The Olympics are an unprecedented technical and logistical challenge for any host city, since the power grid gets tapped by huge sports venues, the world’s broadcasters, viewers and service providers all at the same time.
31 July 2013
Analysis has found that the variation in power consumption during the Olympics could increase by as much as 6 gigawatts in less than 10 minutes – that’s the equivalent of six nuclear power stations, or twice the electricity demand of Rio de Janeiro.
The Carbon Trust will draw on the wealth of experience and knowledge gained when the UK successfully managed the power grid during the London 2012 Olympics and will share the learning with the Brazilian authorities.
The project will draw lessons from how the UK prepared its grid to provide dozens of sports venues, transport conduits, and broadcasting stations with high quality, reliable power, while responding to the hard-to-predict ‘overlay’ caused by non-sport activity, like busier restaurants and stronger household demand. Operating and maintaining a complex grid during a prolonged period of heightened security also required special solutions in London that Rio 2016 is eager to learn from.
A delegation from Brazil’s ONS will visit London to get some hands-on exposure to London’s grid control and coordination centres, and the Carbon Trust will run capacity building workshops in Brazil to share its preparedness strategies with Brazilian technicians and planners. The project’s findings will also help ONS with the World Cup that Brazil will host in 2014.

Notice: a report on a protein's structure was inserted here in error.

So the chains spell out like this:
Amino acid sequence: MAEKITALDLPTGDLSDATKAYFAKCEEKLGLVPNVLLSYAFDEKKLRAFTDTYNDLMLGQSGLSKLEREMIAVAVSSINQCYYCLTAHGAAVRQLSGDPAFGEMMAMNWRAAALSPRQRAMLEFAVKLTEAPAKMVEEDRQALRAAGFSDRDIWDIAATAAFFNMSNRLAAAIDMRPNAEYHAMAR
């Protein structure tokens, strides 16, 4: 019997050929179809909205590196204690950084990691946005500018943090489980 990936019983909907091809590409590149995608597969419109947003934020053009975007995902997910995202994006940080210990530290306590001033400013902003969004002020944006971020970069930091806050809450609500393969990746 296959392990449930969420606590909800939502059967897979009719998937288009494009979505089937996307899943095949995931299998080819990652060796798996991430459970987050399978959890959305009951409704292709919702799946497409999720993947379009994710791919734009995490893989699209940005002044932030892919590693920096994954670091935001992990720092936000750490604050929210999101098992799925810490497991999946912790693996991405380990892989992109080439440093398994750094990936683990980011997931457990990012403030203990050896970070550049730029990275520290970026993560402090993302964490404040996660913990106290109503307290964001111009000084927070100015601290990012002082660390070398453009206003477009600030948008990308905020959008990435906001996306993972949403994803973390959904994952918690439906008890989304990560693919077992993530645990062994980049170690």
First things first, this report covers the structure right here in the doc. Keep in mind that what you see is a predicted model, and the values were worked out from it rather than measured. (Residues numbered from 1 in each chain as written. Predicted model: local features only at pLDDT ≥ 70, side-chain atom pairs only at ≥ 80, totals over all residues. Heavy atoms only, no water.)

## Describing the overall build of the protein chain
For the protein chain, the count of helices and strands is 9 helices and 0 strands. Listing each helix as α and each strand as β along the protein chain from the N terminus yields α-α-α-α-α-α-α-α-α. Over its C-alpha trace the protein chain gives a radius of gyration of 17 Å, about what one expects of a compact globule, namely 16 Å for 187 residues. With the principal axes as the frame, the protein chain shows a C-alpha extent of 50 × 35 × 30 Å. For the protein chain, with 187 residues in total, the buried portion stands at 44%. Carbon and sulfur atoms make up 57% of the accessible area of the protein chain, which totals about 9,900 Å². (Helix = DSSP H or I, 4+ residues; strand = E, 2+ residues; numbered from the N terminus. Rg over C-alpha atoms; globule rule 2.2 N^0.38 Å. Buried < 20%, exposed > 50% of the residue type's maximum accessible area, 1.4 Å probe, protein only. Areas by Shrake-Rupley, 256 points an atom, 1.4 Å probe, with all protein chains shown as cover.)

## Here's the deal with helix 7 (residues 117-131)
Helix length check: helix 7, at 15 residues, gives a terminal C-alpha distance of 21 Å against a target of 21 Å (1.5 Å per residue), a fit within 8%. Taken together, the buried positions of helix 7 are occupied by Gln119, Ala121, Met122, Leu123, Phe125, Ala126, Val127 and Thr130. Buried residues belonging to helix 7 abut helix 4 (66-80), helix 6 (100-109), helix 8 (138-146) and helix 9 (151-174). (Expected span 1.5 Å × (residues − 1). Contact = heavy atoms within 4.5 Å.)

The UK based Carbon Trust will provide ONS, the Brazilian National Electricity Operator, with best practice advice learnt from the 2012 London Olympics Games as Brazil prepares itself for the 2016 Olympic and Paralympic Games in Rio de Janeiro.
We are delighted to be working with the Brazilian authorities to play our part in helping ensure the success of the World Cup and the Rio Olympics. This work builds on a number of other projects we are undertaking in Brazil as we share our unique experience with a growing number of countries around the world.
James Rawlins, Associate Director at the Carbon Trust
Brazil's National Electric System Operator - ONS - is very pleased to participate in this project as a means to ensure the opportunity to improve the operating experience of Brazil’s electricity system during major events, particularly the 2016 Olympic Games in Rio de Janeiro and the World Cup in 2014. We intend to utilize this legacy to maintain the highest degree of reliability and quality of Brazil’s power supply hereafter. We hope that this is only the first step in a long-term partnership with the UK and the Carbon Trust.
Décio Nunes Teixeira Junior, Manager of Real Time Operation at ONS
This project is funded by the British Embassy Brasilia and will run from June 2013 to July 2014
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